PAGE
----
The BBC’s Championship expert Steve Claridge was firmly marking Paul Lambert’s card this week as he highlighted Leeds winger Robert Snodgrass as the man to watch.
The two, former League One rivals go head-to-head again at Elland Road this Saturday.
The Canaries have already sold out their full allocation of 2,300 tickets and with the Yorkshire club only marketing the game in its Category B banding price-wise, so the Whites are expecting the attendance to top the 30,000-plus mark.
And for the home faithful all eyes will be on Snodgrass who, fresh from winning his first-ever Scottish international cap in mid-week, scored an excellent solo goal in the 2-0 away win at Bristol City which duly kept Simon Grayson’s men firmly in the play-off mix.
It was the 23-year-old’s seventh goal of the campaign. Nothing too Earth shattering in that, but the composure and control he demonstrated deep in the Bristol box suggested a decent player.
Not that Lambert will be wholly unaware of his talents. The Scottish winger first cut his professional teeth at Livingston – where Lambert made his own managerial debut. And where, of course, one Wesley Hoolahan began to find his feet in the senior game.
Football often tends to be a very small world.
“Certainly away from home he [Snodgrass] plays in that wide role, but is given a freer rein to come in behind the two front men,” said Claridge, as he reviewed that performance at Ashton Gate and armed Lambert with a few tactical thoughts ahead of this weekend’s big game.
In particular, not to read too much into the way that his old Leicester team-mate Grayson sets out his stall away from home. At Elland Road, he expects Snodgrass to keep a tighter shape – to try and stretch the Canaries across the full width of the pitch as opposed to floating here, there and everywhere.
“At home, the onus is on you to attack and try and break sides down and you have to keep a bit more balance. And a bit more width.
“That when teams come to your place and make your life difficult, you have to make the pitch big. But away from home, he seems to have taken to that counter-attacking style that they play very, very well.”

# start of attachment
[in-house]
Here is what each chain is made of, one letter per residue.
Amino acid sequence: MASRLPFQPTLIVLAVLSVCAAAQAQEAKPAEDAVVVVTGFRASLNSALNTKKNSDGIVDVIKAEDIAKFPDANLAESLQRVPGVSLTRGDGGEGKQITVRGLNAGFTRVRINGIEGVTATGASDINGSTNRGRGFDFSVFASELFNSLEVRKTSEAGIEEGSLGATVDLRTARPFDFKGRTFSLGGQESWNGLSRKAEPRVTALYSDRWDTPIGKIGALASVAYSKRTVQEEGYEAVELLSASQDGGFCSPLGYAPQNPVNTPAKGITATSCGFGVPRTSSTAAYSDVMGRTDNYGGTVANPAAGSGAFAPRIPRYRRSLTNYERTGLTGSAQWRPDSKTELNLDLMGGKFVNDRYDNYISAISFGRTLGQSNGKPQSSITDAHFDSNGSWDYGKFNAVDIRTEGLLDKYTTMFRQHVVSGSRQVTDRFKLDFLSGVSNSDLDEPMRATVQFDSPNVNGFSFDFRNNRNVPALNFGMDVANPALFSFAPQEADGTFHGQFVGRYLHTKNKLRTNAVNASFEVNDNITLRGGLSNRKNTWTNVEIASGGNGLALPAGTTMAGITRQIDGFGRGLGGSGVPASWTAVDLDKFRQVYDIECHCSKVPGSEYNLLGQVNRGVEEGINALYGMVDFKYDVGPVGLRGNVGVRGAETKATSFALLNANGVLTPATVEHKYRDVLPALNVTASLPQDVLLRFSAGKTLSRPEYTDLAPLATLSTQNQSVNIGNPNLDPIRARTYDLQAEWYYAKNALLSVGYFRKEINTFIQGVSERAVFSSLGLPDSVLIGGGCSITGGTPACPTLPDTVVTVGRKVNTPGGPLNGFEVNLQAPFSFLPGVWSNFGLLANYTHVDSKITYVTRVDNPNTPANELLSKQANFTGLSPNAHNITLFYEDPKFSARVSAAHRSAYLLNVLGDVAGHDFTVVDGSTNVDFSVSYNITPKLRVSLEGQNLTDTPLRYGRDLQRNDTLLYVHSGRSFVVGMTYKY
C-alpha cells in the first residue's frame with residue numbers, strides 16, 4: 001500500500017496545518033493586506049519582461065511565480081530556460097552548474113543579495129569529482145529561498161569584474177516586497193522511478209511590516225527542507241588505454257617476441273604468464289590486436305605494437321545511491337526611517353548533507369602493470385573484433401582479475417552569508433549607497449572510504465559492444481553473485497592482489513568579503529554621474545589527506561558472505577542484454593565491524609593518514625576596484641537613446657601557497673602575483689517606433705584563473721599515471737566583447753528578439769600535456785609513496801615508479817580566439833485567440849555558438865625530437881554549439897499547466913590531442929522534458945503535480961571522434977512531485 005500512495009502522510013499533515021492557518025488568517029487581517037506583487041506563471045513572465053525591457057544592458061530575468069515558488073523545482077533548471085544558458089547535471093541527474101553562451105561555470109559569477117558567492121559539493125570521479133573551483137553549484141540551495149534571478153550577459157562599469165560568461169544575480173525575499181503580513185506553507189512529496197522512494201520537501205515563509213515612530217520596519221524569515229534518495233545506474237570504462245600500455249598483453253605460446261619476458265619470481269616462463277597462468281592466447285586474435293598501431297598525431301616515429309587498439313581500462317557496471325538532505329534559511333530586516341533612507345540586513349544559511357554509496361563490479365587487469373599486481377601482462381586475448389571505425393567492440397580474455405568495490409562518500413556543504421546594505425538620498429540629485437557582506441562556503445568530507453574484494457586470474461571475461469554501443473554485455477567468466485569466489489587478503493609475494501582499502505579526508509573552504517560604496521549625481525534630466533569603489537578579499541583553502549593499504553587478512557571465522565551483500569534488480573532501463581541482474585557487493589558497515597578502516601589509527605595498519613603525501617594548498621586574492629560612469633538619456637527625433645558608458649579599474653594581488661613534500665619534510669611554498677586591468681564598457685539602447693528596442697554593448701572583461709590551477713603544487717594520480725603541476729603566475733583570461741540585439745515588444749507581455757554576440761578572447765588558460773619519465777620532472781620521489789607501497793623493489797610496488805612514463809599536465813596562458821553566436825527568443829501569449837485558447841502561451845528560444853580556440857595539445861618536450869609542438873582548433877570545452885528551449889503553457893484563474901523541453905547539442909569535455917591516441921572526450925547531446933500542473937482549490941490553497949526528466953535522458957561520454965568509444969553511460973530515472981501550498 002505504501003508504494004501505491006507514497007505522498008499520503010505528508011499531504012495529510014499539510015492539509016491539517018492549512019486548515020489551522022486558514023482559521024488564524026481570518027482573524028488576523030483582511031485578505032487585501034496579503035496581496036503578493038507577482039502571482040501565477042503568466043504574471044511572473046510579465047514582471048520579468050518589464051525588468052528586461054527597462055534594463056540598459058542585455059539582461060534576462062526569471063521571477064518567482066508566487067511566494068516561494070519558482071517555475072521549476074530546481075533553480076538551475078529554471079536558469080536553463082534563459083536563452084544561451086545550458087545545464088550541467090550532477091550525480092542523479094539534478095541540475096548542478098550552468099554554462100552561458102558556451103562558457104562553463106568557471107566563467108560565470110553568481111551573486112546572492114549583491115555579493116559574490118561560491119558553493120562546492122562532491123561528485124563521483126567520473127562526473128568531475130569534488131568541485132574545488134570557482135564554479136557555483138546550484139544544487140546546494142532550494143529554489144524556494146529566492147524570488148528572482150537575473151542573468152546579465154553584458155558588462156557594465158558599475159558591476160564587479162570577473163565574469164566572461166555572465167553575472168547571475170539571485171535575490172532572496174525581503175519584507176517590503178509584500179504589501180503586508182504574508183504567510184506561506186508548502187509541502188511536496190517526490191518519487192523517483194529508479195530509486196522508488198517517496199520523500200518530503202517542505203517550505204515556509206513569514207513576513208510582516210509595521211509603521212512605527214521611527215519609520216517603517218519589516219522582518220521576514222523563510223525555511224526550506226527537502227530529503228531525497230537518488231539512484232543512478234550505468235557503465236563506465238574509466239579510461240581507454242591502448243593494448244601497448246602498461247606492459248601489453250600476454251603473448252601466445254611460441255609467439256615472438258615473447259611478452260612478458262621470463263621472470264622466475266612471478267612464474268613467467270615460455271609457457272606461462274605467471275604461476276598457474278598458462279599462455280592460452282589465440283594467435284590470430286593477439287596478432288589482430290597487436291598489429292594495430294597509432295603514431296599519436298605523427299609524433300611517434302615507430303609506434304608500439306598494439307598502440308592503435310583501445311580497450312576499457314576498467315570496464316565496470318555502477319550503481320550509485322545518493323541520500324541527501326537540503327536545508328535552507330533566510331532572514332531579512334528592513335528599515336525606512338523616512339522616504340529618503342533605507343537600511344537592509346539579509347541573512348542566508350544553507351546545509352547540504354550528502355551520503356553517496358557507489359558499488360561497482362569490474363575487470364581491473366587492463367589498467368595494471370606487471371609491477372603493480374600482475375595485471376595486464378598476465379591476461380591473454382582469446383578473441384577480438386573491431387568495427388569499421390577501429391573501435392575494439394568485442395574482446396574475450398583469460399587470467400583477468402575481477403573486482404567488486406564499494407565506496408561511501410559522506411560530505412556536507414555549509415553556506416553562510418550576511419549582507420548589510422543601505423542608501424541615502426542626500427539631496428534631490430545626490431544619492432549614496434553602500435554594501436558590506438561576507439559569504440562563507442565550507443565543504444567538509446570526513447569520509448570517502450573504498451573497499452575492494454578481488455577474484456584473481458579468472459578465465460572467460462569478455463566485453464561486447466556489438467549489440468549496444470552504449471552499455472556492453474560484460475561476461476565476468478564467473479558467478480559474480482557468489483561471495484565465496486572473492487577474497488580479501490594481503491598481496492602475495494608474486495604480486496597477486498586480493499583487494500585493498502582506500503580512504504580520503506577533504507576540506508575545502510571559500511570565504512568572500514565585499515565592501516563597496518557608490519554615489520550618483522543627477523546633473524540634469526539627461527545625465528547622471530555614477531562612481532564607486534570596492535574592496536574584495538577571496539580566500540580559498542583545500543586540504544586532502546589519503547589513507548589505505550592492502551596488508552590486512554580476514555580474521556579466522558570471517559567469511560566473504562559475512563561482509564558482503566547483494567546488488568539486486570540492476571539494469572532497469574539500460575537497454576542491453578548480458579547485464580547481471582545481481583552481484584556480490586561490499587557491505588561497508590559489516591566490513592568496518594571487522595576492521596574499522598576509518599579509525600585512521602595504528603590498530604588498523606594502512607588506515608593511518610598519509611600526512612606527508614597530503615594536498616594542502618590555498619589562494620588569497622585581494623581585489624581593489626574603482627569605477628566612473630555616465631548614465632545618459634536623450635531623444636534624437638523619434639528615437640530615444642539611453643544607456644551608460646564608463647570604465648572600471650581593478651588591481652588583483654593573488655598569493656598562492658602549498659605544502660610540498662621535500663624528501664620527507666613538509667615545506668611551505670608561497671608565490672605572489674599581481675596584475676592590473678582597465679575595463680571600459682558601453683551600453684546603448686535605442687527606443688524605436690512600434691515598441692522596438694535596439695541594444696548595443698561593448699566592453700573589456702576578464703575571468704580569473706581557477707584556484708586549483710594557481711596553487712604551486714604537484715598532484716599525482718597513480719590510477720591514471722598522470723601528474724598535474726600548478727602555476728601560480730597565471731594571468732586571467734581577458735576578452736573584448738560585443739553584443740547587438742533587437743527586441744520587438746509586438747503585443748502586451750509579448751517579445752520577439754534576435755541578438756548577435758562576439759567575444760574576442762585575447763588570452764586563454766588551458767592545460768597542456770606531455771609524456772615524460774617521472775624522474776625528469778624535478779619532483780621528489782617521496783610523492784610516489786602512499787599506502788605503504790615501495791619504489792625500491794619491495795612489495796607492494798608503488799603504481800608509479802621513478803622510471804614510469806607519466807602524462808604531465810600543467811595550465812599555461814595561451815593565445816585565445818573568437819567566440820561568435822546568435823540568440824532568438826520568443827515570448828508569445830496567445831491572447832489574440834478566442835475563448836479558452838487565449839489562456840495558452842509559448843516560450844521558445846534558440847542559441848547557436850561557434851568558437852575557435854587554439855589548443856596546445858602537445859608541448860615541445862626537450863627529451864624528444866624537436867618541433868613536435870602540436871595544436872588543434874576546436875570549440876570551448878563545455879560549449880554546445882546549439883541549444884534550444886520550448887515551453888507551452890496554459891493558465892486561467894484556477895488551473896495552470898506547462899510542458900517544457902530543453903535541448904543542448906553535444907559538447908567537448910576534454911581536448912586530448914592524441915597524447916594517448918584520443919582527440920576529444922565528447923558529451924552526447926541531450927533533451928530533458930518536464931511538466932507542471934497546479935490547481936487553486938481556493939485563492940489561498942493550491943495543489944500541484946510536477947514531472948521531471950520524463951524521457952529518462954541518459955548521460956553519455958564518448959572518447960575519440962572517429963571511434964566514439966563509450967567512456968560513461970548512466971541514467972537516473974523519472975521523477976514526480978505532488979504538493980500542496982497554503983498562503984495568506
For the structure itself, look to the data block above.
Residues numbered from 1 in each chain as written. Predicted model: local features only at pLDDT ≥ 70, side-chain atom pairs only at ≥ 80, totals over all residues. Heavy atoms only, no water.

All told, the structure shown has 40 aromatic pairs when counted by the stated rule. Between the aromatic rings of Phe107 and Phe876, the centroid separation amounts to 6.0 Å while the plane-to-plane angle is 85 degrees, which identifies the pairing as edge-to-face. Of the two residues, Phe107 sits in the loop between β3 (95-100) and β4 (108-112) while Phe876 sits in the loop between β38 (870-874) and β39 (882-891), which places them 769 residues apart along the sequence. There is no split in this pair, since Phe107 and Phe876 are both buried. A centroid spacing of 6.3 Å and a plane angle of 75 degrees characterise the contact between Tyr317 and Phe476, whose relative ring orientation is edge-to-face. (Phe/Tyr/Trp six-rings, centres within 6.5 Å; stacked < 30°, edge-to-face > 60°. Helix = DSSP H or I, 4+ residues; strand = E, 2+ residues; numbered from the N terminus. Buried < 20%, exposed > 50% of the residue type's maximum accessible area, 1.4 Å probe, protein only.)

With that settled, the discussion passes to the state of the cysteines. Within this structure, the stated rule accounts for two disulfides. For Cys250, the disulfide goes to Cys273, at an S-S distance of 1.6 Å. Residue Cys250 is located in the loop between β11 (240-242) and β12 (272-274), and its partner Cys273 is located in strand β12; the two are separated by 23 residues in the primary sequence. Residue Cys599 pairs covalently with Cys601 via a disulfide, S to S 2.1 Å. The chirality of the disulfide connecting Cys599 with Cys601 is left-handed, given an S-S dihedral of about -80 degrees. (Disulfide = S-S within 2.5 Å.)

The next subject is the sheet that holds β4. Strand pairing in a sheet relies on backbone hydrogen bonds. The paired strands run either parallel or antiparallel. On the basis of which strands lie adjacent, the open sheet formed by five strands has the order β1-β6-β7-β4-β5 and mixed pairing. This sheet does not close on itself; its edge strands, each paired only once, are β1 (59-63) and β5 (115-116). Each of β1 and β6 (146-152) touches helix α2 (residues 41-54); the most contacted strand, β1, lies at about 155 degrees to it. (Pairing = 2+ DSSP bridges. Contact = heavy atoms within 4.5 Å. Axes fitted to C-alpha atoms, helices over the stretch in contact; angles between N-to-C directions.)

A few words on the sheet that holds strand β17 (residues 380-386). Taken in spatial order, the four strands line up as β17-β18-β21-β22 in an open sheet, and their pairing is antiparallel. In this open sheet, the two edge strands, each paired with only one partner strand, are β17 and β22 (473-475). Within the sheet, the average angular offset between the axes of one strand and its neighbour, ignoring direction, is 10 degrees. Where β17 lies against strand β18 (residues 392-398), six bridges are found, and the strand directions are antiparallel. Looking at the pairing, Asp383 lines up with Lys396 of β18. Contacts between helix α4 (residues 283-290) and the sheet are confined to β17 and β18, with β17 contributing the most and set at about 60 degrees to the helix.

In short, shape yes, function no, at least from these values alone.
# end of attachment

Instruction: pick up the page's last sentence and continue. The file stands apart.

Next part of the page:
Like Norwich, Claridge has also noted the numbers that Leeds travel with. Couple that to the number of goals that they score and the much-travelled Football League frontman is not expecting a low-key game this weekend.
Nor is he expecting that top pack to change much between now and the end of the season.
He believes the scene is pretty much now set for the top eight to scrap it out right the way to the finishing line. With the possible addition of one ‘fresh’ face.
“I do see the top eight being those that will be there in the Play-Offs and the top two getting automatic promotion – and I’d add to that Hull who are on a real charge,” he told viewers of his regular video blog on the BBC’s football website.
He also had a favourable word for the Canaries. They, he felt, were in the top four with some comfort; ditto the two, South Wales rivals Cardiff City and Swansea City.
“Of those six from the top eight, some are more comfortable than others,” he explained. “Swansea, Cardiff – and we can’t forget Norwich City. I think that’s eight times that they’ve managed to score a goal in stoppage time – and that’s a great sign.”
The big question for Lambert to answer tomorrow morning will be the exact extent of Leon Barnett’s hamstring injury.
Given the manner in which he pulled up very short in the second-half of last weekend’s 2-1 win over Reading, it didn’t look too big or clever.
The very fact that Lambert could be found afterwards talking about a dip into the emergency loan market again suggested that the City centre-half could face a lengthy spell on the sidelines.
The fact that Michael Nelson was something of a star turn for Scunthorpe United in mid-week will only add to the manager’s frustration that the one injury fly in his ointment right now had to turn up in the one position that he didn’t have double cover for.
The Canaries might well be on the up and up, but still their luck never changes.